Take your current monthly income as calculated and multiply it by 12. This is your annual income according to the means test calculation. Compare that number to the annual income for your household size in your state.
It May Be Your Only Choice But Know The Consequences Before Deciding
Chip Stapleton is a Series 7 and Series 66 license holder, CFA Level 1 exam holder, and currently holds a Life, Accident, and Health License in Indiana. He has 8 years experience in finance, from financial planning and wealth management to corporate finance and FP& A.
Peope who have racked up more debt than they can repay are sometimes left to ponder whether they should file for bankruptcy. There are several reasons it might make sense to take the plunge and file for Chapter 7 bankruptcy or Chapter 13 bankruptcy. However, making that decision also carries some serious consequences.
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Stop Most Creditors In Their Tracks
- Once you file, collection calls must cease. The same holds true for many lawsuits, wage garnishments, foreclosures, and repossessions because the court puts an automatic stay in place that prohibits creditors from pursuing you. The stay wont stop all creditor actions, though. Youll still pay support payments, and some lawsuits will continue, such as criminal cases. The stay might not apply if youve filed multiple bankruptcy cases, too.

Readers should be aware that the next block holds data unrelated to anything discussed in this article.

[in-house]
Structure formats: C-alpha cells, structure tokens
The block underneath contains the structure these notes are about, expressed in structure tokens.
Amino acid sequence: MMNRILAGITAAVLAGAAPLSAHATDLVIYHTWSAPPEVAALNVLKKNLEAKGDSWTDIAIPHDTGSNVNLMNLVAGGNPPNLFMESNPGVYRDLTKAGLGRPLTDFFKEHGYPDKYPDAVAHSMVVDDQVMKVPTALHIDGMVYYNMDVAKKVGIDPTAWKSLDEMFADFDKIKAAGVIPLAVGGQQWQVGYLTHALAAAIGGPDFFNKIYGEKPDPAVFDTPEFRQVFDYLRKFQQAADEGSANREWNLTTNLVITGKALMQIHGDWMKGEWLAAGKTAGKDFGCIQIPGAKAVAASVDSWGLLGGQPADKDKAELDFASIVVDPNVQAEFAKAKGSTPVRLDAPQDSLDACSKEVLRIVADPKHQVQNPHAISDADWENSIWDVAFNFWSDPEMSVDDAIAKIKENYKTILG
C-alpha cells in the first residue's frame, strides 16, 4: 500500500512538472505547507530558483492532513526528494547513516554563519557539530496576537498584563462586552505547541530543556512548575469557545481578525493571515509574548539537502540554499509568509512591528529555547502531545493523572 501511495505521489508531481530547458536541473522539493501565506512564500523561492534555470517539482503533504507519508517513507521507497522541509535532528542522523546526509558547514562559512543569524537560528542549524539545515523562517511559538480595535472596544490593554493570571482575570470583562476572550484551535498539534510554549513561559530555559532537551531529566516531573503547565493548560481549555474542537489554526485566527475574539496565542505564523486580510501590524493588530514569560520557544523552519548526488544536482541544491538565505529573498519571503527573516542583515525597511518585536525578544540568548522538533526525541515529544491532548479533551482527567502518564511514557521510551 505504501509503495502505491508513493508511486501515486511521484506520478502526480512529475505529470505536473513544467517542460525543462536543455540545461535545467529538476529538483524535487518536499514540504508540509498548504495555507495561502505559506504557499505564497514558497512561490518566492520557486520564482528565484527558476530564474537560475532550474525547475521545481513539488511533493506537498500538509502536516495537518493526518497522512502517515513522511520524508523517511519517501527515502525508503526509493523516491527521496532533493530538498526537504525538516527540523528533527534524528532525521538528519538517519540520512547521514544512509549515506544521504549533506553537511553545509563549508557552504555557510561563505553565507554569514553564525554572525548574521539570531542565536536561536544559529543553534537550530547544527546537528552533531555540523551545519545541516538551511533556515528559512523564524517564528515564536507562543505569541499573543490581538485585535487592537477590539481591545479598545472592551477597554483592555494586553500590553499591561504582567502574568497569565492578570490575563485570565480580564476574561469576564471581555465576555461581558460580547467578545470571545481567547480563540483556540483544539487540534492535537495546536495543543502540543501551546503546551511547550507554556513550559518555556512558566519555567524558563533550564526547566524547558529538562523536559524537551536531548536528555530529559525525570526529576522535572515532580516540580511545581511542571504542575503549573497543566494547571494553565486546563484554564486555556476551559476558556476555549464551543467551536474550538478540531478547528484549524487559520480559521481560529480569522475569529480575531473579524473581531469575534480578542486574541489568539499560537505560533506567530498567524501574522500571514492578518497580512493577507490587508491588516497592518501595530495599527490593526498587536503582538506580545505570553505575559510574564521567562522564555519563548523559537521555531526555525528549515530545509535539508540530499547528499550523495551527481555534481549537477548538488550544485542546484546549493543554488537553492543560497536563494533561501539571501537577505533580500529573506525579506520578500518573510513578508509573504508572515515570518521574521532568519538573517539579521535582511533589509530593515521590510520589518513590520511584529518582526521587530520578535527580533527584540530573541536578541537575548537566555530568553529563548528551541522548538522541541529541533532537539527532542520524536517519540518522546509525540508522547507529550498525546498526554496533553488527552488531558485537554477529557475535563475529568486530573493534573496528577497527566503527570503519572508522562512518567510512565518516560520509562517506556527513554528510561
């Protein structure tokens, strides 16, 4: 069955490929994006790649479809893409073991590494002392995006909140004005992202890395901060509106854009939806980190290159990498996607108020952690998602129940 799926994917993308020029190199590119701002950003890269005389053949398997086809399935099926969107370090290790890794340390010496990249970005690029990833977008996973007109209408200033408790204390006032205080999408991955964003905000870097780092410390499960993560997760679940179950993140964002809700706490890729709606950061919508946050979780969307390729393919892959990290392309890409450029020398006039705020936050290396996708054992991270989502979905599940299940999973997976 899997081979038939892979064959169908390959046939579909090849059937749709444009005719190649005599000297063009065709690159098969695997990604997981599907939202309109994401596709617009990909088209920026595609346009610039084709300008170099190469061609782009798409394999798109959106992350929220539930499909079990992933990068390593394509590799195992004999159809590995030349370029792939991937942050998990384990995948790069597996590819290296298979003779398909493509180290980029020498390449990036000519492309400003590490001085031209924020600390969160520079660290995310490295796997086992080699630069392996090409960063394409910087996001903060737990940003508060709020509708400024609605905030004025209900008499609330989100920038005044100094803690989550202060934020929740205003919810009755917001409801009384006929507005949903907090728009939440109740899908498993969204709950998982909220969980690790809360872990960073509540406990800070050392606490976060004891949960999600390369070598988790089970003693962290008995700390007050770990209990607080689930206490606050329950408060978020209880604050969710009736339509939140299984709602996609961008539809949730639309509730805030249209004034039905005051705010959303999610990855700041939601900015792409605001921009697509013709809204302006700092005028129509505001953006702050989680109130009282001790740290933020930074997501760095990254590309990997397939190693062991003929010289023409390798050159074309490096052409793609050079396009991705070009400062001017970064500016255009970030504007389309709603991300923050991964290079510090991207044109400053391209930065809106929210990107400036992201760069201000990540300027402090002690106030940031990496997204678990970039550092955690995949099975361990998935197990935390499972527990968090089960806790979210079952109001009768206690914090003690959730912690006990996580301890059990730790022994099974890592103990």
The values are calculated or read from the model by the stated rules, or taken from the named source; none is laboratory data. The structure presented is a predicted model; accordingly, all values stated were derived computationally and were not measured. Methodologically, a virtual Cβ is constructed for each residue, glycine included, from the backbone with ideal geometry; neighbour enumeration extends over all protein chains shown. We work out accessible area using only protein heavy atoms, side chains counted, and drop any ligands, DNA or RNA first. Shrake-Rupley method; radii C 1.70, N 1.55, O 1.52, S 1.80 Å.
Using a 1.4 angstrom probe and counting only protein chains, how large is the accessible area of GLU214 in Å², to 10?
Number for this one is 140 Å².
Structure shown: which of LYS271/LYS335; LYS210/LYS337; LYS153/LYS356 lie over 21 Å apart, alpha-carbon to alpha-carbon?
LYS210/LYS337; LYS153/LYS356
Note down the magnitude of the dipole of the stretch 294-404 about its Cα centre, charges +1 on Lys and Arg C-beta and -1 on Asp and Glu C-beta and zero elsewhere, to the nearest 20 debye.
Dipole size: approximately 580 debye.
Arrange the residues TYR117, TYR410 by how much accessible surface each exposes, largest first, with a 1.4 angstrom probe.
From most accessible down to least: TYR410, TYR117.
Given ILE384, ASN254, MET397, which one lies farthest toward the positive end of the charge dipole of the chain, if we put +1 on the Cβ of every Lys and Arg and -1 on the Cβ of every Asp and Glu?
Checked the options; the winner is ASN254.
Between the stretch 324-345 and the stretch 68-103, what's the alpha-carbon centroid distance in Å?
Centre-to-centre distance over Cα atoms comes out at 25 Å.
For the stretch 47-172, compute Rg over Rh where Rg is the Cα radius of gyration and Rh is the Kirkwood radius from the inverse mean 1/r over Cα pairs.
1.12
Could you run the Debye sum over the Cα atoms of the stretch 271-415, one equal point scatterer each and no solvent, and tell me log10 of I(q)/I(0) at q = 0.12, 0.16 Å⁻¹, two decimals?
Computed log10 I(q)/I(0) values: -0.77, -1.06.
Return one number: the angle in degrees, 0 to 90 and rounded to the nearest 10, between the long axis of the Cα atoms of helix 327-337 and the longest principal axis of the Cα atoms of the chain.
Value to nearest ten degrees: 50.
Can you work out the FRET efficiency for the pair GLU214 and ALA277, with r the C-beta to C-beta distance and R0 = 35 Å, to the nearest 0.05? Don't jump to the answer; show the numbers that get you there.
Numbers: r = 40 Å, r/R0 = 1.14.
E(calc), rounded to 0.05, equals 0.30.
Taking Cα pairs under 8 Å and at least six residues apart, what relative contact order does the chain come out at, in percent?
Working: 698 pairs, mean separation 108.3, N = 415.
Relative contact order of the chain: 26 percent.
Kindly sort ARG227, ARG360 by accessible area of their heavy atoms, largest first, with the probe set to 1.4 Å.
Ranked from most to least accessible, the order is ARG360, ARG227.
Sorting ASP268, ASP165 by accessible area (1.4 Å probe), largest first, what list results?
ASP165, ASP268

Debts Will Be Settled For Less Than What You Owe
Your creditors will be forced to accept whatever payment is determined in your bankruptcy case. This includes receiving no payment at all. If you qualify for a Chapter 7 you could have all of your unsecured debts liquidated your credit card debt, your small loan balances, . You wouldnt have to pay any of that back, McClary stated.
However, if you file Chapter 13, that gets a little bit trickier because you may have to pay some of that back depending on the decision of the bankruptcy trustee and the creditors that you owe, he said. Its all based on your current financial situation and the capacity that you have to repay.
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Discover The Benefits Of Filing For Bankruptcy
When you are seeking bankruptcy protection, our firm represents individuals and small business owners who want to file Chapters 7 and13 bankruptcy cases. We can help you navigate through the more complex filings of debt reorganization through Chapter 11 bankruptcy and with Chapter 12 bankruptcy for family farmers.
You might also be able to retain your assets even if you file for bankruptcy. If you are ready to file for bankruptcy protection and to start eliminating crippling debt, contact the team members at Farmer & Morris Law, PLLC by calling today.
Reasons To File For Bankruptcy
There are some circumstances in which filing for bankruptcy may be your best recourse:
- You’ve already tried to negotiate. Suppose that you have attempted to negotiate a repayment plan with one or more major , as experts often recommend as a first step, but they have not budged. They want their full payment and aren’t willing to be paid out over timeand you don’t have the means to make that payment. This can leave you with few options other than to file for bankruptcy.